CUTLER: [Mobutu] is very, very well informed. He starts his day with Voice of America. As a matter of fact, I learned that very quickly. I learned that I had to start my day early with Voice of America, because if there was something on the air that was of interest to the President or of concern to him, my phone was going to ring at 7:15 in the morning. (Mobutu is seen at right with President Kennedy.)
It was very difficult keeping ahead of Mobutu with respect to developments in our own country. He has a very, very strong interest in media. He was a reporter once himself, before becoming President.
And it was very evident in the case of our presidential elections of 1976 that he had followed them closely enough so he knew very well that if Carter were elected, human rights was going to become much more of a center-stage issue than it had been before.
It was not much of a surprise that I showed up on his doorstep after the election, talking about human rights. It was good that he was already aware of this because it made my job a little easier…
Mobutu, of course, didn’t think it was necessary and he didn’t think it was well- advised. He would sometimes humor me about this new-found obsession with human rights.
He would say, “Look at all the problems I have out here, what do you expect of me? Why don’t you lean on some other countries, particularly ones that are not as friendly as I am? Why don’t you concentrate on them?”
I remember at that time we were not having a very good time with Algeria. He picked something out of the press about human rights violations in Algeria and wondered why we hadn’t addressed that problem in a more vociferous way, as we had with him.
He would sort of make light of it sometimes, but there was no question that our points were getting across, because he kept referring to human rights, even though sometimes in a fairly joking way.
But it was on his mind, it was very much on his mind. And that was good, because he knew that we cared, and that he couldn’t go on doing certain things without our taking notice and perhaps factoring it in to our own approach to his needs.
“Mobutu basically kicked out a lot of those people.”
Michael Boorstein, personnel officer, Kinshasa, Zaire (Democratic Republic of Congo), 1974-1977
BOORSTEIN: … [Mobutu Sese Seko] decided that to consolidate his power he had to show that foreign commercial interests were no longer welcome. The country was able to fend for itself without the presence of the Indians, the Pakistanis, and the Lebanese, primarily.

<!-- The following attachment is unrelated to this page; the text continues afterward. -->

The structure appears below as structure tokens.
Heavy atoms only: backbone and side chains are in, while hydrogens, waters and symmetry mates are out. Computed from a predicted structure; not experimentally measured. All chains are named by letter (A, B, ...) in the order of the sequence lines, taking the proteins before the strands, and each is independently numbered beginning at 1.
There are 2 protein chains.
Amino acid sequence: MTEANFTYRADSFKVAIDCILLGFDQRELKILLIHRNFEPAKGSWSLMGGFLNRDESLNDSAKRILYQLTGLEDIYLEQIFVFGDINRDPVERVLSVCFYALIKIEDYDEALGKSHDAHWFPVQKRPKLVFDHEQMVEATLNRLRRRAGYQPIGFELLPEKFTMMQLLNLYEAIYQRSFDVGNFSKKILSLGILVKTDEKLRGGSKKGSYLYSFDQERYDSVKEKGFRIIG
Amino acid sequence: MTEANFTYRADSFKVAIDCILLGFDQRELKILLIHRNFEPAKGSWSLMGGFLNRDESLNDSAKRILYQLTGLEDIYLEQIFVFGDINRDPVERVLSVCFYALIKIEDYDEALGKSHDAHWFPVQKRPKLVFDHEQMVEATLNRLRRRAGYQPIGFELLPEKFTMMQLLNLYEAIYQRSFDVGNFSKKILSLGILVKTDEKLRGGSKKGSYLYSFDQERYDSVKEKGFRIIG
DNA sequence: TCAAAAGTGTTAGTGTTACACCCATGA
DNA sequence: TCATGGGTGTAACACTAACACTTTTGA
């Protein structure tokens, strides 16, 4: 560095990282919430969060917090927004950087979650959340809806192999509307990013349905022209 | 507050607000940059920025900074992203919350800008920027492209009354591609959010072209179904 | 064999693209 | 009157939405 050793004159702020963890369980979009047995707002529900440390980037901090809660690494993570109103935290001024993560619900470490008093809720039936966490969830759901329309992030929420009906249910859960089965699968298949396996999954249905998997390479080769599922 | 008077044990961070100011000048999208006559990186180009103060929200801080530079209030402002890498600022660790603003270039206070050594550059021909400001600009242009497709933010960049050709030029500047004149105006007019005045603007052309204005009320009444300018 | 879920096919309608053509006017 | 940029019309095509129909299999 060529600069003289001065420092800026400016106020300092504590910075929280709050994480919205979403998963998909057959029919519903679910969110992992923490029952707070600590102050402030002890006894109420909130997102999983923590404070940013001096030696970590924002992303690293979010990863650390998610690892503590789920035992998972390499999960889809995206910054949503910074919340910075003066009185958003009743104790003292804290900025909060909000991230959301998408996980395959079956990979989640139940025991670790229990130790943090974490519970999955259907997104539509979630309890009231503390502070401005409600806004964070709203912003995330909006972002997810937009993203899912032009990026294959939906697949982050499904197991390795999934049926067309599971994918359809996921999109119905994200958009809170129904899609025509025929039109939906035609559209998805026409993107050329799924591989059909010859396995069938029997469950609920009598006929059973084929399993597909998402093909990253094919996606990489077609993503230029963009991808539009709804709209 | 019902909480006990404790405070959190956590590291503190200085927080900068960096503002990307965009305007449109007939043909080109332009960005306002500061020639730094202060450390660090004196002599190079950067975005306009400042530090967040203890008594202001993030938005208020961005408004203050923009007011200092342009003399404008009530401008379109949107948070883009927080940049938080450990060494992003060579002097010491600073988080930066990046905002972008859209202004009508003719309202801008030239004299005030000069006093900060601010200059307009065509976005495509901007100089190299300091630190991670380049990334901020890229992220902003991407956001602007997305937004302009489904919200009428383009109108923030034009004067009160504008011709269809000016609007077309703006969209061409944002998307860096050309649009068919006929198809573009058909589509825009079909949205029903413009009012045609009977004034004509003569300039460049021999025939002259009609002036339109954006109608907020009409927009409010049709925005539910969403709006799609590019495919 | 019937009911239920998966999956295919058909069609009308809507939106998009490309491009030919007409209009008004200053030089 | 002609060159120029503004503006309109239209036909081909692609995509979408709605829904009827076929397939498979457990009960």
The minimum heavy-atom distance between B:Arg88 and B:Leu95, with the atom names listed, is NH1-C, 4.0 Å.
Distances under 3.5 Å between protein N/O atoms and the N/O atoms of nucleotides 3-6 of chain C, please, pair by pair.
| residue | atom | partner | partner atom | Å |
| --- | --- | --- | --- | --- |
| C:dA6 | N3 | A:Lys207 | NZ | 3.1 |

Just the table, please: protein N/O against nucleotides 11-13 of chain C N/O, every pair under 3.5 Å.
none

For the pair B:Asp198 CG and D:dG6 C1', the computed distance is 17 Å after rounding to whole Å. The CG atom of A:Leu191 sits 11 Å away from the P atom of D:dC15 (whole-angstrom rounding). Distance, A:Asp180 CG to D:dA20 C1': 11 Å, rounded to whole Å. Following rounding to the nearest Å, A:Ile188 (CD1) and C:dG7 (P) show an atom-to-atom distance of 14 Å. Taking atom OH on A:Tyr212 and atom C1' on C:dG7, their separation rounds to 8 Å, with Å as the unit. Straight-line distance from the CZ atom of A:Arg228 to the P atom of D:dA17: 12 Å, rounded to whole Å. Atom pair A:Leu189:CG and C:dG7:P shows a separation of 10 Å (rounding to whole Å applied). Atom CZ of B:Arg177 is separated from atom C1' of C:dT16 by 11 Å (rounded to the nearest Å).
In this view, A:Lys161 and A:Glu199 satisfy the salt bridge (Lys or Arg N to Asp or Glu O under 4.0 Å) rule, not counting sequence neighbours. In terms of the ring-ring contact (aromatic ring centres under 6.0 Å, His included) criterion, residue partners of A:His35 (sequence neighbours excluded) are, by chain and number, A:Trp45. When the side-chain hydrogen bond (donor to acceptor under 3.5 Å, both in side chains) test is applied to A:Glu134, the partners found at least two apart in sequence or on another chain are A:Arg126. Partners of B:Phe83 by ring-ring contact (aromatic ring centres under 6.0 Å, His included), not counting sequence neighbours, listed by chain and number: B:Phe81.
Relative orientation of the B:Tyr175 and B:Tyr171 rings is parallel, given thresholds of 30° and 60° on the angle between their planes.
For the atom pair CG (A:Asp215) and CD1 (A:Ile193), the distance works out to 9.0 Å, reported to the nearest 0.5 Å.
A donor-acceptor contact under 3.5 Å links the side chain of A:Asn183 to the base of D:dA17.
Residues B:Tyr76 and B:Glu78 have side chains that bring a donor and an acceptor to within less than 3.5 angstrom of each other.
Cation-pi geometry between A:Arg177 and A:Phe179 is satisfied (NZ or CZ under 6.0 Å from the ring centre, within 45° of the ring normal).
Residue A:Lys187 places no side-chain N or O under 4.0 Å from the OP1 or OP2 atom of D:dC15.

They basically were running the small businesses in the country. They were the shopkeepers, hotel clerks, and ran the restaurants. There were a few Italian and French restaurants, but a lot of the commercial infrastructure was run by Pakistanis and Lebanese.
The Lebanese were primarily Jews. The little hotel that we ran through the commissary association was known as the Alhadeff Arms (the flat-roofed building on right in photo at left) because Mr. Alhadeff was a Lebanese Jew, who came to the former Belgian Congo years and years ago and his family was still involved there. Mobutu basically kicked out a lot of those people.
Well, the country went to hell in a hand basket economically. The crime rate skyrocketed. People were hungry in the countryside, starting to come into the big cities including Kinshasa, and they were living by robbing the white people. That’s when we got the 24-hour presence in the house, our post differential rate went up, and then eventually Mobutu saw the error of his ways and invited the people to come back…
“Democratic institutions and respect for human rights had no place in his schemes.”
Brandon Grove Jr., Ambassador to Zaire (Democratic Republic of Congo), 1984-1987
GROVE: …Proud, vain and thin-skinned, Mobutu was obsessively concerned about imagined slights to his presidency. If one understood this sensitivity, made clear one was talking about issues, and not demeaning the dignity of his office, Mobutu would usually listen carefully, and the dialogue could deal with some of the most contentious aspects of US-Zairean relations. We would quite often, for example, be able to discuss such topics as transparency in financial transactions, human rights, and political reforms.
In the end, I was instrumental in causing several political prisoners to be freed. Mobutu created a government office for human rights during my tour, making a big point of it with me when it was opened.
Occasionally, I would call on the head of that office, Citizen Nimi, who was one of Mobutu’s henchmen. I did not get the impression that this citizen felt passionately about the rights of his fellow citizens.
I attempted to make progress on issues of economic and political reforms by appealing to Mobutu’s sense of history. I asked him how he thought history would judge him if he did not take steps toward reform, suggesting that such measures, were he to apply them, would be applauded. “Think of your place in history!” I implored him, with scant expectation that I could persuade him to act in accord with our policy objectives and his own best interests.
In fact, Mobutu cared little for the people of Zaire. He was never interested in discussing our economic aid programs with me. Military assistance was a different matter. Despite his skill at raising money, Mobutu did almost nothing to provide schools and functioning hospitals, roads, water, sanitation, electricity, housing, or anything else for the ordinary Zairians, who created an extended-family economic system to stay alive.
He enjoyed his power over them, and their organized support at staged mass rallies. Democratic institutions and respect for human rights had no place in his schemes. Mobutu felt, himself, accountable to no one.